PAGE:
The Strange Force of Vulnerability
No Games, No Masks, No Fuss
Some time ago, I was in Cuba. I arrived on a Saturday, and since I didn't know a soul, I went for a stroll in the evening and ended up in a resto-bar where I approached a delightful woman.
We got along so well that after a few hours we felt we had known each other for ages. She entrusted me with a big secret that not even her best friends knew.
But why? Why does she trust me so much after a few hours, and why did we both feel we have known each other for ages?
Because we made ourselves vulnerable.
I was open and honest, told her about my fears, doubts and insecurities. I didn't hold anything back, I didn't hide anything, and I risked everything. I took off the mask, and she did too.
Being vulnerable means admitting to yourself and others that you are not perfect, and I don't suggest the superficial fears and doubts that you can tell others without blinking.
I don't have all the solutions, I'm not always stable nor confident, I have weaknesses, and sometimes I feel lost, and I don't know what to do. That's human; I am human.
Every time I want to approach a woman, I confess; I'm nervous.
But I ignore that because it's not a vulnerability. Vulnerability is when you reveal the things that you can barely admit to yourself.
Sounds intimidating, and it probably is, but it's also liberating and the key to self-acceptance and deep and meaningful relationships, no matter what kind.
The problem with vulnerability is that we like the unvarnished truth and openness of others, but at the same time, we are afraid to reveal our truths.
We believe our fears and problems are unique and they are, however, we all share similar fears, doubts and concerns whether we are a guy or girl, young or old, rich or poor, attractive or not so pleasant in appearance.
We forget that too often and are afraid that once our contact knows our mysterious sides and weaknesses will bail.
In most cases, however, the opposite transpires.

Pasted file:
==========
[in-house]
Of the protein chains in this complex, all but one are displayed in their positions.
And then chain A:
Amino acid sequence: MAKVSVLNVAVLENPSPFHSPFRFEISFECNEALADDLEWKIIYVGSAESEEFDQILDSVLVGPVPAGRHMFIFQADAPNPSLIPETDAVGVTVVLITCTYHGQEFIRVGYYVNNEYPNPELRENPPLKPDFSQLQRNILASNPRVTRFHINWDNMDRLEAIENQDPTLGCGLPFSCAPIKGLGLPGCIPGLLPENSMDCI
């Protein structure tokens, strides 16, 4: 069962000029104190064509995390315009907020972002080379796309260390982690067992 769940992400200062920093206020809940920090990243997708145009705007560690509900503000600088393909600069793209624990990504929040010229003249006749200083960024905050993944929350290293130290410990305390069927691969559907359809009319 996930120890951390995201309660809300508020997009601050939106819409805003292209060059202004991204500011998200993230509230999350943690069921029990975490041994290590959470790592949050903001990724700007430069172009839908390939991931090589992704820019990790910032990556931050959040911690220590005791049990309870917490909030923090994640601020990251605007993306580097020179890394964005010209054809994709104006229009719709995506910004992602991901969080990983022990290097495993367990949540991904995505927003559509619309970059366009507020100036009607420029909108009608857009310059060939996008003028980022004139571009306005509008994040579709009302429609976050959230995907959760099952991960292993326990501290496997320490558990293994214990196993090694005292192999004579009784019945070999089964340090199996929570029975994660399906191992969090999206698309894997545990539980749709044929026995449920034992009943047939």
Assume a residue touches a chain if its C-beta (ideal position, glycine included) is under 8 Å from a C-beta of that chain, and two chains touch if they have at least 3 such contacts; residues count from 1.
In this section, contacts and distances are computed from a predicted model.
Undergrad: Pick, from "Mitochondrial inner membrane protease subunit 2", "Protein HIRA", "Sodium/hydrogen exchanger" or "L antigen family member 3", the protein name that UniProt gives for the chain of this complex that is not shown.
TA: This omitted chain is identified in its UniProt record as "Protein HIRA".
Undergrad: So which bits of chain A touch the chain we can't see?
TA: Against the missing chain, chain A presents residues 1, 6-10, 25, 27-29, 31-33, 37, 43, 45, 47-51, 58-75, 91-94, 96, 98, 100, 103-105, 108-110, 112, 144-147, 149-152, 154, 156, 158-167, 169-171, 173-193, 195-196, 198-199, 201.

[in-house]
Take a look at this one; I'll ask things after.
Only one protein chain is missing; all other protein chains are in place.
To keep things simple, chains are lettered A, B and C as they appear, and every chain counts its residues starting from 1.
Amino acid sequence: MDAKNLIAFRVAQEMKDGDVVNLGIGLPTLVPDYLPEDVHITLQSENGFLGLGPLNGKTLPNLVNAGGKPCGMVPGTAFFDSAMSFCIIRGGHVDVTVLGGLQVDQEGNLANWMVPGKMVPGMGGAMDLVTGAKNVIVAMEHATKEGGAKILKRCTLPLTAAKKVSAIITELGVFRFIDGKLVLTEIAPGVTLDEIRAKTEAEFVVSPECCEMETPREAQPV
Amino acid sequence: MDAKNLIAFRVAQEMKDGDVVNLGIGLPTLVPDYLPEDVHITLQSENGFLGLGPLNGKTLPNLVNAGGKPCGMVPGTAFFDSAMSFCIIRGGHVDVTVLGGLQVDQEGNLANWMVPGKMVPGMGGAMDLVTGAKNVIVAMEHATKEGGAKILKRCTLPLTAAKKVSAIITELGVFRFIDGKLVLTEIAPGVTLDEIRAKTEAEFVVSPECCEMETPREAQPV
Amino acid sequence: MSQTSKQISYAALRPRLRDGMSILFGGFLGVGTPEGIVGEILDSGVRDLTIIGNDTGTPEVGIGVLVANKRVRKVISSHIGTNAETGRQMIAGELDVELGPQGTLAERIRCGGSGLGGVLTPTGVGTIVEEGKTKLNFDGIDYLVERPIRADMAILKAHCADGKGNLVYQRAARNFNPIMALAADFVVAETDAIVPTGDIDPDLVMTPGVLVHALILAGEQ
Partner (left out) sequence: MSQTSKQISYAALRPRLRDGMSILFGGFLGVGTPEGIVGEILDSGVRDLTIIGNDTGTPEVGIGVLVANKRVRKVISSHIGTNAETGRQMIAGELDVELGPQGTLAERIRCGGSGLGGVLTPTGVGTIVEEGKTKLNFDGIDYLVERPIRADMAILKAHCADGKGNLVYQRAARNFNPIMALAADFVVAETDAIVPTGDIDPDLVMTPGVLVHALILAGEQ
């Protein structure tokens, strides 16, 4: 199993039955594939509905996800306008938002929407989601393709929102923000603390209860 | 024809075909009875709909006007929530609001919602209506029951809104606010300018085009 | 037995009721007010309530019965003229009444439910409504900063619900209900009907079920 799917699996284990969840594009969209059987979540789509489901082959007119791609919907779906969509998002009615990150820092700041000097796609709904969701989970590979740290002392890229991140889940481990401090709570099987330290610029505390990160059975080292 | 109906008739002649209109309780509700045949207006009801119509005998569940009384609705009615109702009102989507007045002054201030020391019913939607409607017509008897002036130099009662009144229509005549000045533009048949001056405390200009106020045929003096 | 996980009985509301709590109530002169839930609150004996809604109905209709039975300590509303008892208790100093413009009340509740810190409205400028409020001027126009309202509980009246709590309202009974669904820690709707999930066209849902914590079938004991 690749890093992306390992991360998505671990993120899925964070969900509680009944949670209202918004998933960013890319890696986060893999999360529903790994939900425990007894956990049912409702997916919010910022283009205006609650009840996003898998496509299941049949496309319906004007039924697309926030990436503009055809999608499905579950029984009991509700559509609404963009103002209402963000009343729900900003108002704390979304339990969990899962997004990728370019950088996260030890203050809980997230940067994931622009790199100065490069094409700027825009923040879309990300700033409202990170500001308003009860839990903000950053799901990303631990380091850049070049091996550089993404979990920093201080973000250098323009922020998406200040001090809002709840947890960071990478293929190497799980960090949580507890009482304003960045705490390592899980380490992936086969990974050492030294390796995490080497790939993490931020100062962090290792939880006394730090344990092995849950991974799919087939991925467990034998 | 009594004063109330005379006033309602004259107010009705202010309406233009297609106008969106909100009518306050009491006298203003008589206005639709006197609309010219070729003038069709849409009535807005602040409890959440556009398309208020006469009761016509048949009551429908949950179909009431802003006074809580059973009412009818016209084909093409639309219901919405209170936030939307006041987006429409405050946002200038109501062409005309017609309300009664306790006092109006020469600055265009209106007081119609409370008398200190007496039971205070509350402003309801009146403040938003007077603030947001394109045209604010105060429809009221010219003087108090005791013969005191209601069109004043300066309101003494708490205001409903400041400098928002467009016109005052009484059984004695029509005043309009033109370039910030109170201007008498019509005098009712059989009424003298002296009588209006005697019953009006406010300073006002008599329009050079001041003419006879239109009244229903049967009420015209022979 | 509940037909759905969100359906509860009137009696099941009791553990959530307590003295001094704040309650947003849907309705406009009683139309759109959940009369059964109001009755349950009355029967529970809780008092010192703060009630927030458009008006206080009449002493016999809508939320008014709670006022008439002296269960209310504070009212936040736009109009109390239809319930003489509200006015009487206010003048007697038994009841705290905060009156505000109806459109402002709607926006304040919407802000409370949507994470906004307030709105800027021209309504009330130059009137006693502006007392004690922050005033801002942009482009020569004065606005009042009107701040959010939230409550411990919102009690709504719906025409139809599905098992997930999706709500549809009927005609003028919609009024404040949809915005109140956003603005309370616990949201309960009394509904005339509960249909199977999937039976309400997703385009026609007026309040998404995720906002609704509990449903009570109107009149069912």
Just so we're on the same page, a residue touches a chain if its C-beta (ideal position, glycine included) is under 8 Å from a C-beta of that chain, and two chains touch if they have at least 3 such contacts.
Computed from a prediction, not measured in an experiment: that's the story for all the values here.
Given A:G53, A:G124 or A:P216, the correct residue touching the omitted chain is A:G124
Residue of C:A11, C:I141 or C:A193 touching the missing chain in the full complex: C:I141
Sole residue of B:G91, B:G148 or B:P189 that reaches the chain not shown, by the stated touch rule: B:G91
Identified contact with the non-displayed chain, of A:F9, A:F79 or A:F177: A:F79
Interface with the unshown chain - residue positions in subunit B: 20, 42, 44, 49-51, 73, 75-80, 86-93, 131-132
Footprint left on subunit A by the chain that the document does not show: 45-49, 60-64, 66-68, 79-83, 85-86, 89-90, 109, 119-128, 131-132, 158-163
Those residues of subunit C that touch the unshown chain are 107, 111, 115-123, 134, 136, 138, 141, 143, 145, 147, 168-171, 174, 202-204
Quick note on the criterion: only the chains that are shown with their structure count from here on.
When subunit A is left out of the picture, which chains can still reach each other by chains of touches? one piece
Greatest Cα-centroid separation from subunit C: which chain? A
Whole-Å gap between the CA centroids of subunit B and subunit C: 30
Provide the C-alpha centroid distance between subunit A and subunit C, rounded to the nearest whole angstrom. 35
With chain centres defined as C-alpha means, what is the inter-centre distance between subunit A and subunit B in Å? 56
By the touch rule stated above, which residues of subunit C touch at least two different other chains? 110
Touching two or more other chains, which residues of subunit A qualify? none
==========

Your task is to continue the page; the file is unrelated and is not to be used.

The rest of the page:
If we confer ourselves vulnerable and open, our contact might too. That creates trust, closeness and emotional connection.
It's the weaknesses, fears and doubts of the other with which we can identify, not strengths, resume or the type of undies.
I had the most intimate dates, the most intense sex, the best moments and the most incredible friendships with women when I showed myself vulnerable.
When we present ourselves vulnerable, we will no longer try to keep something from the other. We are no longer trying to convey a specific picture of us; we no longer try to impress others.
We show ourselves vulnerable, we take off our mask because we don't have to hide anything anymore. That also reduces many of our fears and feelings of inferiority in dealing with others.
Many men have problems addressing women. They lack vulnerability. If you admit that you are nervous, that you are afraid, that you may make a fool of yourself, and that you have no command over how the woman will react, you can overcome your anxiety.
On the other hand, however, if you want to be fearless, the cool-shit, the fear only gets stronger.
Many women have problems letting go during sex. They also lack vulnerability. When you admit that you don't look perfect, that you give up control and that the man can judge you, you will be calmer and more relaxed.
Calm and relaxed people enjoy sex more and have easier orgasms; unfortunately, there is no scientific evidence for that, so you have to trust my ludicrous statement.
I remember a woman who wanted a particular style of sex, but she was ashamed to communicate her desire. When I asked her, she was unhappy. After a while, she told me that she felt embarrassed that I now know her sexual preferences.
Strength In Vulnerability
Vulnerability makes us strong and confident because it takes away the fear of our dark side. When we stand by our weaknesses and fears, we are less afraid of being judged by others.